Also, dysfunctional but not abusive relationships, with abandonment or conflicts can set off PTSD symptoms.  Good relationships that end in tragedy (death or disappearance of a loved one) are also potential triggers, if the original trauma involved a similar loss.

🖤Symptoms will be similar to ones in Part 2

AFTER re-traumatization, PTSD sufferers will go through a period of heightened sensibility & renewed vulnerability to traumatic memories. This means increased anxiety & physical stress, which set off or worsen various medical conditions.
These ailments are associated with PTSD in general, so episodes of re-traumatization can increase occurrences, including :
⁍Arthritis, Chronic body pain, Headaches
⁍Cardiovascular disease
⁍Diabetes, Respiratory disorders
⁍Digestive disorders
⁍Insomnia, restless sleep, nightmares, fatigue

Eating disorders. One study of women seeking treatment for eating disorders found that 52% showed symptoms consistent with PTSD 

☔︎ Major depression. Research reveals that about half of all people with a PTSD diagnosis will also experience the symptoms of major depression.

☔︎ Other anxiety disorders. Up to 80% of PTSD sufferers will have co-occurring mental health conditions & other anxiety disorders like : Generalized anxiety, Social anxiety, panic & specific phobias, obsessive-compulsive disorder

☔︎ Substance-use disorders. In one comprehensive study, nearly half (46.7%) of PTSD sufferers also met the criteria for a substance-use disorder

GOOD NEWS : Re-traumatization does not have to sabotage recovery. People with PTSD know that, even as treatment progresses, triggering events can take them back to difficult times & force them to relive harsh, painful memories.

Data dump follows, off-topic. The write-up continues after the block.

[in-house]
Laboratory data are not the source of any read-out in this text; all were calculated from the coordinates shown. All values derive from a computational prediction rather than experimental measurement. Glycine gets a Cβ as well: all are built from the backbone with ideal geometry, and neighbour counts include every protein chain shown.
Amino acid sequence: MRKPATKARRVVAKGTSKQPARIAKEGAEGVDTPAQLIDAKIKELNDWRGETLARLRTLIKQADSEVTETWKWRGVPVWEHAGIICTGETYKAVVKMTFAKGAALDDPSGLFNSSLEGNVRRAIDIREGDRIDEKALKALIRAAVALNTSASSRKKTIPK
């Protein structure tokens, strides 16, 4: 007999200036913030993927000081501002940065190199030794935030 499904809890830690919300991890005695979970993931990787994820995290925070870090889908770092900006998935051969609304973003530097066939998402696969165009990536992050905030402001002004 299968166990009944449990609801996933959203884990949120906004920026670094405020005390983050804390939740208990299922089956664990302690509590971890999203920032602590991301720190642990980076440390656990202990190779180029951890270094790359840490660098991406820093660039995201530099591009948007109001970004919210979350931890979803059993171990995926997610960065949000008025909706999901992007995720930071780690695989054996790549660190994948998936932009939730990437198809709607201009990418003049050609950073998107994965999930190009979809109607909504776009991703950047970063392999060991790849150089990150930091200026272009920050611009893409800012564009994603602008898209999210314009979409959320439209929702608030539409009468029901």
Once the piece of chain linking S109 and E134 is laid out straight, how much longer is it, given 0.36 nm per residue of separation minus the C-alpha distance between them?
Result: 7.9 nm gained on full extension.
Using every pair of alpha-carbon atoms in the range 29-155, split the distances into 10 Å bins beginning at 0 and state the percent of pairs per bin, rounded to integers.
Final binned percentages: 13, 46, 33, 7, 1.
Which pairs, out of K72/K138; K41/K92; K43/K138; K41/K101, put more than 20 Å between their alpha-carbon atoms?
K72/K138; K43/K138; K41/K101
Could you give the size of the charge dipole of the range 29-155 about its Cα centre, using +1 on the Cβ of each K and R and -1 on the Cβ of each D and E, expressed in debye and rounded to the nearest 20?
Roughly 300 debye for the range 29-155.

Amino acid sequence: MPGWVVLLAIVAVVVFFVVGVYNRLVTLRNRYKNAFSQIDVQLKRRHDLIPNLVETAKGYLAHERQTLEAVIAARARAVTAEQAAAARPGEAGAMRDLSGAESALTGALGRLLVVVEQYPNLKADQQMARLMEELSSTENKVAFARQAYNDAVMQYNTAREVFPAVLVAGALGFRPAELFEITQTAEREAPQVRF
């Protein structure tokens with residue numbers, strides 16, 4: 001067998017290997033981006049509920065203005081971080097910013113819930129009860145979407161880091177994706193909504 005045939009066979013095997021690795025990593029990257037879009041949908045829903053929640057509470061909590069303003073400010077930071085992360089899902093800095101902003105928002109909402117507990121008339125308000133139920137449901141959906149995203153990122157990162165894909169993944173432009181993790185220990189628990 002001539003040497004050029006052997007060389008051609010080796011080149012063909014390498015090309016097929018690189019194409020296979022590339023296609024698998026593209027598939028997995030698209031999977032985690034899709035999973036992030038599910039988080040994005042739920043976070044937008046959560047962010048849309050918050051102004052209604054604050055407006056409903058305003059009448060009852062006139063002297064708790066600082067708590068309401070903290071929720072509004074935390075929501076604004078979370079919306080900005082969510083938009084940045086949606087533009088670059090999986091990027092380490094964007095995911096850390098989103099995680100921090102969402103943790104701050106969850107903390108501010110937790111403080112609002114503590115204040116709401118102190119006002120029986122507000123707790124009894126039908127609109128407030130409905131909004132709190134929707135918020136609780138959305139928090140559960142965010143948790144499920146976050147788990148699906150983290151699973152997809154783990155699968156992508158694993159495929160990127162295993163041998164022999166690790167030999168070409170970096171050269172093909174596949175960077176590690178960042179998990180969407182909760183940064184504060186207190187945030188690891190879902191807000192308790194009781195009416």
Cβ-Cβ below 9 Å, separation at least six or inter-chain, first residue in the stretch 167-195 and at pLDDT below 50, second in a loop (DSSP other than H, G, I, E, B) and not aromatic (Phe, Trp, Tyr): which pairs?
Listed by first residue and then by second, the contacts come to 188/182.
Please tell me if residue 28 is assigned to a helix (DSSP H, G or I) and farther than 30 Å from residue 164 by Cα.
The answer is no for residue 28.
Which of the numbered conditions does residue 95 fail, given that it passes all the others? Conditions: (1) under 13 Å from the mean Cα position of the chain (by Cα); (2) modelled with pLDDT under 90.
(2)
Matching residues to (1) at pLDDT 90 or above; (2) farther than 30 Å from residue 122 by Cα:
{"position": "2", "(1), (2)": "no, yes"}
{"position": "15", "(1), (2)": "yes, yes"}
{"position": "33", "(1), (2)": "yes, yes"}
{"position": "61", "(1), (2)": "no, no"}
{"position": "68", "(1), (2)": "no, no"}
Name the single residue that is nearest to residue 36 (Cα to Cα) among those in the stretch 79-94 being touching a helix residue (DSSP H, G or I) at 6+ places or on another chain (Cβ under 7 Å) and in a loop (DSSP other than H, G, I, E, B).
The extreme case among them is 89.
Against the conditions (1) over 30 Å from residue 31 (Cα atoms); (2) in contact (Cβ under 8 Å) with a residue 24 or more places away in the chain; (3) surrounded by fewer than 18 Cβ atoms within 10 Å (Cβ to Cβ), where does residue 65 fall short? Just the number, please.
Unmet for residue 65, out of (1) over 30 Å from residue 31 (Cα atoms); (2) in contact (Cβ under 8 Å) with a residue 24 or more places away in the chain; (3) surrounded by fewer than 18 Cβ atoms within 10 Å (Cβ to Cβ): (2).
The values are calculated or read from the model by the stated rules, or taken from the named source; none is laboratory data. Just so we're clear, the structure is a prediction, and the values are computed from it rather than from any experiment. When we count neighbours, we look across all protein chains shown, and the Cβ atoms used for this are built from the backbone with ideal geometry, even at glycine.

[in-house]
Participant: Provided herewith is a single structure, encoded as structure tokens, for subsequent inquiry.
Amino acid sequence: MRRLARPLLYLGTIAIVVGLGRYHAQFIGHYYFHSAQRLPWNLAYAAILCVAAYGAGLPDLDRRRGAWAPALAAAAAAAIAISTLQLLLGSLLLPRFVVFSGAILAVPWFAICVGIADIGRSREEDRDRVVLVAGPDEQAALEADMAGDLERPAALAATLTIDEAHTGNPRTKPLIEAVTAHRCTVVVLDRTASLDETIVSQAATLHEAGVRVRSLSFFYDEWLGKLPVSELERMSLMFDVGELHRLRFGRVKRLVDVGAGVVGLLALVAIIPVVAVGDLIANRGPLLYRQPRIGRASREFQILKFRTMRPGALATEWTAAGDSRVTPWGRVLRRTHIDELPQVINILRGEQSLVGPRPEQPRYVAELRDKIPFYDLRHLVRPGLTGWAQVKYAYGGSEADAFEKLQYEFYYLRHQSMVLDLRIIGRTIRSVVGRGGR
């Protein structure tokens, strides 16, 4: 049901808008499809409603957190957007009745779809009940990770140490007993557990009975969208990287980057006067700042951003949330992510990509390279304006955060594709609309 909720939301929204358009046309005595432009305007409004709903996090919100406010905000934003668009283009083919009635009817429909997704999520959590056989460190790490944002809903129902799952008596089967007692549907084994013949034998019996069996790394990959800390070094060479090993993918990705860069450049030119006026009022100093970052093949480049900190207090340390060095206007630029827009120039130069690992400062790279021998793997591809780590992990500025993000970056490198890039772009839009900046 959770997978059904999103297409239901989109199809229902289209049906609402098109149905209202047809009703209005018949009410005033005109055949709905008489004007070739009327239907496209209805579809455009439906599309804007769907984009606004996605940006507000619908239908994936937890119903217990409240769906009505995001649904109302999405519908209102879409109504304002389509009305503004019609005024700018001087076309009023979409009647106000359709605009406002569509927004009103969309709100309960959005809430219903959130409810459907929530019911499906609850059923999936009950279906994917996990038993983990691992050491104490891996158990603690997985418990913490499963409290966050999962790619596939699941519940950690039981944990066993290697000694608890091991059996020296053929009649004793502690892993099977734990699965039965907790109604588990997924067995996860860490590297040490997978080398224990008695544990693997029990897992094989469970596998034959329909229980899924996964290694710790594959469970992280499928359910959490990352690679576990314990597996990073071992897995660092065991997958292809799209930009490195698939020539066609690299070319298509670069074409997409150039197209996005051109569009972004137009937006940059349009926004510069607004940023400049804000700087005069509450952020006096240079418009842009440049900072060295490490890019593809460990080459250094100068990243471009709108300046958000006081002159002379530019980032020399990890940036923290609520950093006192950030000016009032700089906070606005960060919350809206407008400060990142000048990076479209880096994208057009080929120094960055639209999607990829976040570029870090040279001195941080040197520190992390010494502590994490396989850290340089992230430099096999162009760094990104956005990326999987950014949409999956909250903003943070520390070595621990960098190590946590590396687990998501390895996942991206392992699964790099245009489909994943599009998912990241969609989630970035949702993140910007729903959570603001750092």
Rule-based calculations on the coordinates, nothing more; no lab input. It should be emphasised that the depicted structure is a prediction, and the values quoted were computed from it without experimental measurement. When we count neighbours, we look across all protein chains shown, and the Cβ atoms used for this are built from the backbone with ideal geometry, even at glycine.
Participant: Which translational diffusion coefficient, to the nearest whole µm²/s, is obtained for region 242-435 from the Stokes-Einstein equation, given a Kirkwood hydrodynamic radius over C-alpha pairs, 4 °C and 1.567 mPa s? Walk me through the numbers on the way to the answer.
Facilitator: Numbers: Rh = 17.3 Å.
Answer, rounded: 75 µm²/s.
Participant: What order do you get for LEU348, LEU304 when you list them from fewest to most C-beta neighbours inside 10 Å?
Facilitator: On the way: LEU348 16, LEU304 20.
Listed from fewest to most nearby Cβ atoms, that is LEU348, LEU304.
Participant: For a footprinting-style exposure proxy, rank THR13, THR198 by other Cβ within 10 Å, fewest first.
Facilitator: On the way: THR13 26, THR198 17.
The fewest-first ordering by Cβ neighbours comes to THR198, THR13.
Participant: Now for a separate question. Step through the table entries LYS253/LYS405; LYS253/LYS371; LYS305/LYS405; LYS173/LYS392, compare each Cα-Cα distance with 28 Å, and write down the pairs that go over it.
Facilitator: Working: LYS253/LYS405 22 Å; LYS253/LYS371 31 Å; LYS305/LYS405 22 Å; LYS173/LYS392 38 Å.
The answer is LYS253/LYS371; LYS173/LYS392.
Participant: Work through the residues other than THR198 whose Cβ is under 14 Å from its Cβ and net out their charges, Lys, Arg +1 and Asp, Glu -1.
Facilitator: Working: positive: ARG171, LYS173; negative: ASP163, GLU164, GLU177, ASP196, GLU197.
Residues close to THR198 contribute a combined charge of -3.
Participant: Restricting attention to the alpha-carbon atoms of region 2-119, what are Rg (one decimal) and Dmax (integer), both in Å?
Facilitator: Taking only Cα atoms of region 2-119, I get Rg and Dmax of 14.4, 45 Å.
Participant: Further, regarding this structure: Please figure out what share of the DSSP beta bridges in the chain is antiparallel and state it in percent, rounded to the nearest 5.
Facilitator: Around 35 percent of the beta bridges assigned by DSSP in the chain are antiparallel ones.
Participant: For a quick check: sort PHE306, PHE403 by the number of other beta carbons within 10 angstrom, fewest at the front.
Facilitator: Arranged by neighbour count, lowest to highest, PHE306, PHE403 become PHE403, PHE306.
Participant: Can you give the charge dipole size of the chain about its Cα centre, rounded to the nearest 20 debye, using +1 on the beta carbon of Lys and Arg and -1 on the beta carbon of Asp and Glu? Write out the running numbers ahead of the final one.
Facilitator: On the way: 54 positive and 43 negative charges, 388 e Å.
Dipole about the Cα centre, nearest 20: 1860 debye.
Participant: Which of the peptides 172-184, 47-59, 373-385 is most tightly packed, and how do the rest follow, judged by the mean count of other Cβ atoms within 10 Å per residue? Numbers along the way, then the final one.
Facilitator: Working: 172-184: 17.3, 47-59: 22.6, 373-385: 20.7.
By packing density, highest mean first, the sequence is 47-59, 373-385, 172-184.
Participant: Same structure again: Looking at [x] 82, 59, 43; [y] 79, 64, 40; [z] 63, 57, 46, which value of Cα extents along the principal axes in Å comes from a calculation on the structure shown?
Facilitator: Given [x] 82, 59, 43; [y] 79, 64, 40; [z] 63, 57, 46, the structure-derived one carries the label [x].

The techniques they’ve learned – to manage their symptoms – can still be effective, & the perspective they’ve gained won’t be forgotten.

Treatment for PTSD isn’t a quick fix or a straight route. It’s important to stay focused on the future, with hope & positive beliefs. This applies to re-traumatization experiences as well. Although recovery is a long-term process, everyone’s pace is different.
Helpful tips include:
‣ becoming more physically active
‣ eating a balanced diet, getting adequate rest
‣getting help from family members, friends, or a health professional
‣ reaching out socially, such as to friends or coworkers, volunteering

Successful recovery requires time, commitment, patience, & self-acceptance. If these qualities & tools are available & consistently applied, then the effects of re-traumatization only need be a temporary setback – painful, but temporary.


NEXT : After-effects

AFTER-EFFECTS of ABUSE & Health (#3b)


PREVIOUS: After-effects #2

LINKS re. Child abuse & Neglect 



“Childhood maltreatment has been linked to higher risk for a wide range of long-term and/or future health problems – including inter-generational impact – as well as a cost to society as a whole. Consequences may be independent of each other, but may also be interrelated.

This term refers to changes in the way a person’s genes are expressed & used, which may be temporary or permanent, & can be passed on to their children. (NSC on the Developing Child)

Epigenetic changes are caused by life experiences, such as child maltreatment, substance abuse or exposure (smoking).
EXP: One study found that maltreated children showed changes in genes associated with various physical & psychological disorders, resulting in bipolar disorder, cancer, cardiovascular disease, immune disorders, schizophrenia, anxiety, depression…..  (Cicchetti et al., 2016)